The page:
The non-combustibility of aluminum
Aluminum alloys are some of the most widely used materials in industry, prized for their versatility in a wide variety of applications. Depending on the specific alloy, aluminum can be strong, malleable or a combination thereof to suit the needs of a given situation and aluminum, in general, has excellent thermal and electrical conductivity as well as corrosion resistance. These desirable properties have resulted in the widespread use of aluminum in industries such as building construction, consumer products, electrical transmission, and the automotive, aerospace, and defense sectors, among many others.
Unfortunately, aluminum has an undeserved reputation for being an inherently combustible material. This misconception stems largely from rushed analyses of fires where aluminum was present, despite the presence of other materials with proven flammability. Additionally, a commonly overlooked fact is that a great deal of normally non-combustible materials will nevertheless burn if heated to extreme enough temperatures or if they are in a form with a high surface area (i.e., powder). These concerns prompted the testing of pure aluminum and several alloys to demonstrate that they do not, in fact, burn.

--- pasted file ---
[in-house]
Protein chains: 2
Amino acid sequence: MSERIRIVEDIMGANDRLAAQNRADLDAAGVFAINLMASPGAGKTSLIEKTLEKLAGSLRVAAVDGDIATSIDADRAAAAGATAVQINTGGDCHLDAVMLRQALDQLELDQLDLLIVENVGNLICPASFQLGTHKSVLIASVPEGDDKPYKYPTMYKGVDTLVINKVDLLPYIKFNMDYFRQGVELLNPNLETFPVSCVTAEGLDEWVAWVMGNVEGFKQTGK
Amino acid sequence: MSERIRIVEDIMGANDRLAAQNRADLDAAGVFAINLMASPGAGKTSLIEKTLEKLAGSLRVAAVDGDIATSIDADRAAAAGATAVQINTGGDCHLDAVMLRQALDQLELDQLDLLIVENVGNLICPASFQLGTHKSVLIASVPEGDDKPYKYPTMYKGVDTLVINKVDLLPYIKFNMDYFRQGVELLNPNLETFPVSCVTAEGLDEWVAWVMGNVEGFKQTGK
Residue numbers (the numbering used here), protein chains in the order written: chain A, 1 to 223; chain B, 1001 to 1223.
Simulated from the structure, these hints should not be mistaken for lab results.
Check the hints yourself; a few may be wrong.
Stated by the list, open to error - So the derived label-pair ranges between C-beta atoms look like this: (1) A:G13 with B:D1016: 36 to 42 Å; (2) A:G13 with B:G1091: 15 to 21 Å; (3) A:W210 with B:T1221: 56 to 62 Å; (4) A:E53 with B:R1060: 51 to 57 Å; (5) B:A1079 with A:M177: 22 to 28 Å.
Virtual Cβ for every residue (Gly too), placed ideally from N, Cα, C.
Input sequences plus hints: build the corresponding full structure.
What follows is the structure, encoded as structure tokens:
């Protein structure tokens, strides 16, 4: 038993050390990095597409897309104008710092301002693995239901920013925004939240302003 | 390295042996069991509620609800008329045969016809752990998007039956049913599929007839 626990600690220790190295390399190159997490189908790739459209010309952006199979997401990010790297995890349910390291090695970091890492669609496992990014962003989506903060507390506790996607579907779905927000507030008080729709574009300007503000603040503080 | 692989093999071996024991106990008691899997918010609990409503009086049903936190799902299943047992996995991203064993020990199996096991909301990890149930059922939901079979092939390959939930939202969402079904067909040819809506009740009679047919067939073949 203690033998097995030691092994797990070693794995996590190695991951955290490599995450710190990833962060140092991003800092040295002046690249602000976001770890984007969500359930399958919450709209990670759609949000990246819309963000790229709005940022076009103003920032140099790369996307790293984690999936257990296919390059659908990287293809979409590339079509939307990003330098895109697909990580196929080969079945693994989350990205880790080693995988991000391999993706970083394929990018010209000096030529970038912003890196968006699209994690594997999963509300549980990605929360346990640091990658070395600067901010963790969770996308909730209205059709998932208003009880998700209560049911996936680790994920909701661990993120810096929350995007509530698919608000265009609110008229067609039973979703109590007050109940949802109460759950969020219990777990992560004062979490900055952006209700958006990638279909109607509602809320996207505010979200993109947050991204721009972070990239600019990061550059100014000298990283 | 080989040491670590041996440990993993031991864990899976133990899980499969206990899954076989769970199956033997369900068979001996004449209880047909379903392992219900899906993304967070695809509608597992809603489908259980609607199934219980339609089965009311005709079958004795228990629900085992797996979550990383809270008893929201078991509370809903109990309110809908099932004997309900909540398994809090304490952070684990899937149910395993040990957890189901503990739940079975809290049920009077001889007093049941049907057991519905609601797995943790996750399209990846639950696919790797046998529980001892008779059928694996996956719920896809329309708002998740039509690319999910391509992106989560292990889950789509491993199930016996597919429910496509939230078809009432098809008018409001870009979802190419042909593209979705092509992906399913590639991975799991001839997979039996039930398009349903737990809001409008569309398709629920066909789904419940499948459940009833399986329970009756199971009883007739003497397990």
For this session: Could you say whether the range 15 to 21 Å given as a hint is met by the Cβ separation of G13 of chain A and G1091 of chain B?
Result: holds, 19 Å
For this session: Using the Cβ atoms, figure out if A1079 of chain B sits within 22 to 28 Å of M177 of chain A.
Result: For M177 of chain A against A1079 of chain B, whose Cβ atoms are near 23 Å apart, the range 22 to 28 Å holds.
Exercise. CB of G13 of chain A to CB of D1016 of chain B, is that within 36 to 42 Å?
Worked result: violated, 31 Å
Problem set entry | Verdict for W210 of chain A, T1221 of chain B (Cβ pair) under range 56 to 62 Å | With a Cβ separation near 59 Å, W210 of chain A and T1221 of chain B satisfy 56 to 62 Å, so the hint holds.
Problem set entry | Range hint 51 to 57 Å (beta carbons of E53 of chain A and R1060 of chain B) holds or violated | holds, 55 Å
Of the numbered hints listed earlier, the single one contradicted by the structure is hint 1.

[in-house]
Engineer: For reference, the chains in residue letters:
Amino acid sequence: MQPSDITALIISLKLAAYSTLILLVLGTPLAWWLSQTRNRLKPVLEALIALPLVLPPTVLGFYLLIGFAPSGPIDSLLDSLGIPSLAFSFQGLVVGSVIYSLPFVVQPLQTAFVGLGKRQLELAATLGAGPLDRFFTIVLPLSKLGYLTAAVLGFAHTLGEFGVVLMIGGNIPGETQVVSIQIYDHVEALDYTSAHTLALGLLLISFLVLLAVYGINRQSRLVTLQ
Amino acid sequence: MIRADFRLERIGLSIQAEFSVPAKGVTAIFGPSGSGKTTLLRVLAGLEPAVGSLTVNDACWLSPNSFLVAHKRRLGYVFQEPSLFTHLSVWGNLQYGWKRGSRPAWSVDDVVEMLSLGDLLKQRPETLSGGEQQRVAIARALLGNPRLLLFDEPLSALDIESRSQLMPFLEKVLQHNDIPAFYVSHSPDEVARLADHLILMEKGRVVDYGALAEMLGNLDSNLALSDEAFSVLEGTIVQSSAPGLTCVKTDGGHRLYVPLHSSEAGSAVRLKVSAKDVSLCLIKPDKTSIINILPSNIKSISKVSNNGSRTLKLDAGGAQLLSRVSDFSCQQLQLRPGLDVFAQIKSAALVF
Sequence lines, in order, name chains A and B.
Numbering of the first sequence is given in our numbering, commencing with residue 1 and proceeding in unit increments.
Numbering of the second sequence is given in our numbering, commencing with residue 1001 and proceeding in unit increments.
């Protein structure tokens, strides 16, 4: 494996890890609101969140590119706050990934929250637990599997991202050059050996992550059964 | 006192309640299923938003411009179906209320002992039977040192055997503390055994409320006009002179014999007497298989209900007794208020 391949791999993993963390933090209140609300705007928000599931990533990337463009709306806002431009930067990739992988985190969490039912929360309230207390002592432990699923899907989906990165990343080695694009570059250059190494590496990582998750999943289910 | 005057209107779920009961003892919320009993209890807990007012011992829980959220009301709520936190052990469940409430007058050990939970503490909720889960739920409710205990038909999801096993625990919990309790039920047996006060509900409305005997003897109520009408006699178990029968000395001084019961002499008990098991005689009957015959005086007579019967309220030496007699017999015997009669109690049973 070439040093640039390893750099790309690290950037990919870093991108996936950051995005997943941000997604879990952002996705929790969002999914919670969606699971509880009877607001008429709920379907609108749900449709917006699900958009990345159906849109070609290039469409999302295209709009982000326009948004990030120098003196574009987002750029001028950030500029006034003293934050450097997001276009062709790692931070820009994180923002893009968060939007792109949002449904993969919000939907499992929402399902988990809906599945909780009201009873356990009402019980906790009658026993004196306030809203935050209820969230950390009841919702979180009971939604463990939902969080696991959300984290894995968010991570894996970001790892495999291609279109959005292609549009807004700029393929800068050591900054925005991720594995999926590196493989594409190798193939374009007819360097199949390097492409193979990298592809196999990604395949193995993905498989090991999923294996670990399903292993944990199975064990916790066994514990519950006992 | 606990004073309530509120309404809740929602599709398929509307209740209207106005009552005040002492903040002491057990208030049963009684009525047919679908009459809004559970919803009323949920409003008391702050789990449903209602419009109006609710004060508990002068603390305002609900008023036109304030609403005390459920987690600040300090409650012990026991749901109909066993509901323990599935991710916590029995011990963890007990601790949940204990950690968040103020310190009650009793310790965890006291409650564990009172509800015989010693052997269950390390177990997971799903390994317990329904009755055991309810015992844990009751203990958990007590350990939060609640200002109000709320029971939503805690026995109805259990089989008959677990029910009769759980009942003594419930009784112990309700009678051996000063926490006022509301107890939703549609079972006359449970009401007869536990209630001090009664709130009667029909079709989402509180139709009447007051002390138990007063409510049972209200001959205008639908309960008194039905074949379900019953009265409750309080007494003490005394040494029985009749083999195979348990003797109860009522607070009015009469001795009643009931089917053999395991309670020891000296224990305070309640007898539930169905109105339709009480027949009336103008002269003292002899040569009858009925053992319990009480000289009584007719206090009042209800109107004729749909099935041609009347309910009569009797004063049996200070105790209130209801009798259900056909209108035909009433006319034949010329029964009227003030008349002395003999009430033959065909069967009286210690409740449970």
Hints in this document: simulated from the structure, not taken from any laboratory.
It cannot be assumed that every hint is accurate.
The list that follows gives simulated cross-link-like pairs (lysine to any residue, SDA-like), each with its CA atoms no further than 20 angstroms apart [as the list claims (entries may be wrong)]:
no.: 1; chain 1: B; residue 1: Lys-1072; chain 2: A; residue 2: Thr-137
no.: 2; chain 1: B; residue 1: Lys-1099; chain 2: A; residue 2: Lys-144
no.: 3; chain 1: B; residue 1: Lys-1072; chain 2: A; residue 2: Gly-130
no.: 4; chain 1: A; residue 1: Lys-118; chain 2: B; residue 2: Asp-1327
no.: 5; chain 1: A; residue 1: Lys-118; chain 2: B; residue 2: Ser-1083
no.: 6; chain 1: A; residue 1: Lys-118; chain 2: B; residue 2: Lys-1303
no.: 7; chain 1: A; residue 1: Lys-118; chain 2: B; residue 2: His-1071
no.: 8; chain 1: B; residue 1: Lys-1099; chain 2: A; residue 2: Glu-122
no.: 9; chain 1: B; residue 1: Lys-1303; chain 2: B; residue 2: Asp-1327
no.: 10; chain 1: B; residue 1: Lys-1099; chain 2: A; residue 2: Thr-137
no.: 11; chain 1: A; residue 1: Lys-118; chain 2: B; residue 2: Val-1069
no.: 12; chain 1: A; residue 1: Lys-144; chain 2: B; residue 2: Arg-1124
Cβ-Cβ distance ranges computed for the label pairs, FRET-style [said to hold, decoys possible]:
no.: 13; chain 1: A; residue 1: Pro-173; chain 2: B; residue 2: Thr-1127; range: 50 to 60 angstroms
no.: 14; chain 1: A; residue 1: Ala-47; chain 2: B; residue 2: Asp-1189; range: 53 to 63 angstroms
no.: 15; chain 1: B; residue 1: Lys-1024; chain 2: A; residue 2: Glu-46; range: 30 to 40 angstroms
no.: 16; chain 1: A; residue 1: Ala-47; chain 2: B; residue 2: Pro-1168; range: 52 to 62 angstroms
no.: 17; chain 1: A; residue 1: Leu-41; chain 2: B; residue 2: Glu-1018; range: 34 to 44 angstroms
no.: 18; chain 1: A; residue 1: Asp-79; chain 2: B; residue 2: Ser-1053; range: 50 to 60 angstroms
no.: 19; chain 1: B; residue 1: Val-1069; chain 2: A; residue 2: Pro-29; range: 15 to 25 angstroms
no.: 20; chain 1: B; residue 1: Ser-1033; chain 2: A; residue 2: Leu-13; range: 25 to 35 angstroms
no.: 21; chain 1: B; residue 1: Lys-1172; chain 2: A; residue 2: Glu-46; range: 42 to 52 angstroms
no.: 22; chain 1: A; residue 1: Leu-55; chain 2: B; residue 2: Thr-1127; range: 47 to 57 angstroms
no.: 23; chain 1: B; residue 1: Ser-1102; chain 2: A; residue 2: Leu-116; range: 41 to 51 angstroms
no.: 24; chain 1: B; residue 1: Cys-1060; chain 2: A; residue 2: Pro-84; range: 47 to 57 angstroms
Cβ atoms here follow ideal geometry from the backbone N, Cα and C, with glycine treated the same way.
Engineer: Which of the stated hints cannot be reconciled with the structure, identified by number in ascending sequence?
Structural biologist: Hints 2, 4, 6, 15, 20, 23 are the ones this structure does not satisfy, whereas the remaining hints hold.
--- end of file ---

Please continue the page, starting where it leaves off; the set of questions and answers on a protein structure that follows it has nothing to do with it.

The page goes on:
A history of misrepresentation
A number of well-publicized but commonly misunderstood events have contributed to the mistaken perceptions surrounding aluminum’s combustibility:
- In the 1960s and 1970s, a number of house fires were blamed on aluminum wiring. Investigations revealed that these were caused by improper installation and the industry responded by providing more information on correct installation practices, providing training programs for electricians, and developing new alloys that are easier to install. As a result of these changes, aluminum wires and cables installed since 1972 are just as safe as their copper counterparts, and aluminum has become the most commonly used material for electrical power transmission lines.
- During the Falklands War, the British warship HMS Sheffield was struck by an Exocet anti-ship missile and burned before sinking. Initial media reports blamed the blaze on an aluminum superstructure, which cannot have been the case as Sheffield and her sister ships of the Type 42 class were built entirely from steel. The media confusion stemmed from the presence of aluminum on several earlier U.S. Navy and Royal Navy ships that had suffered from fires in the 1970s, despite the fact that both navies determined that the use of aluminum in the ships’ designs had nothing to do with their loss.
- Several fires in the UK and Australia were blamed on the aluminum used in the buildings’ cladding. In those cases, aluminum sheets were bonded with flammable polymers or installed adjacent to flammable insulation. Regardless, only those materials burned and the aluminum itself did not. This distinction was easily overlooked in initial media coverage but was confirmed in subsequent investigations.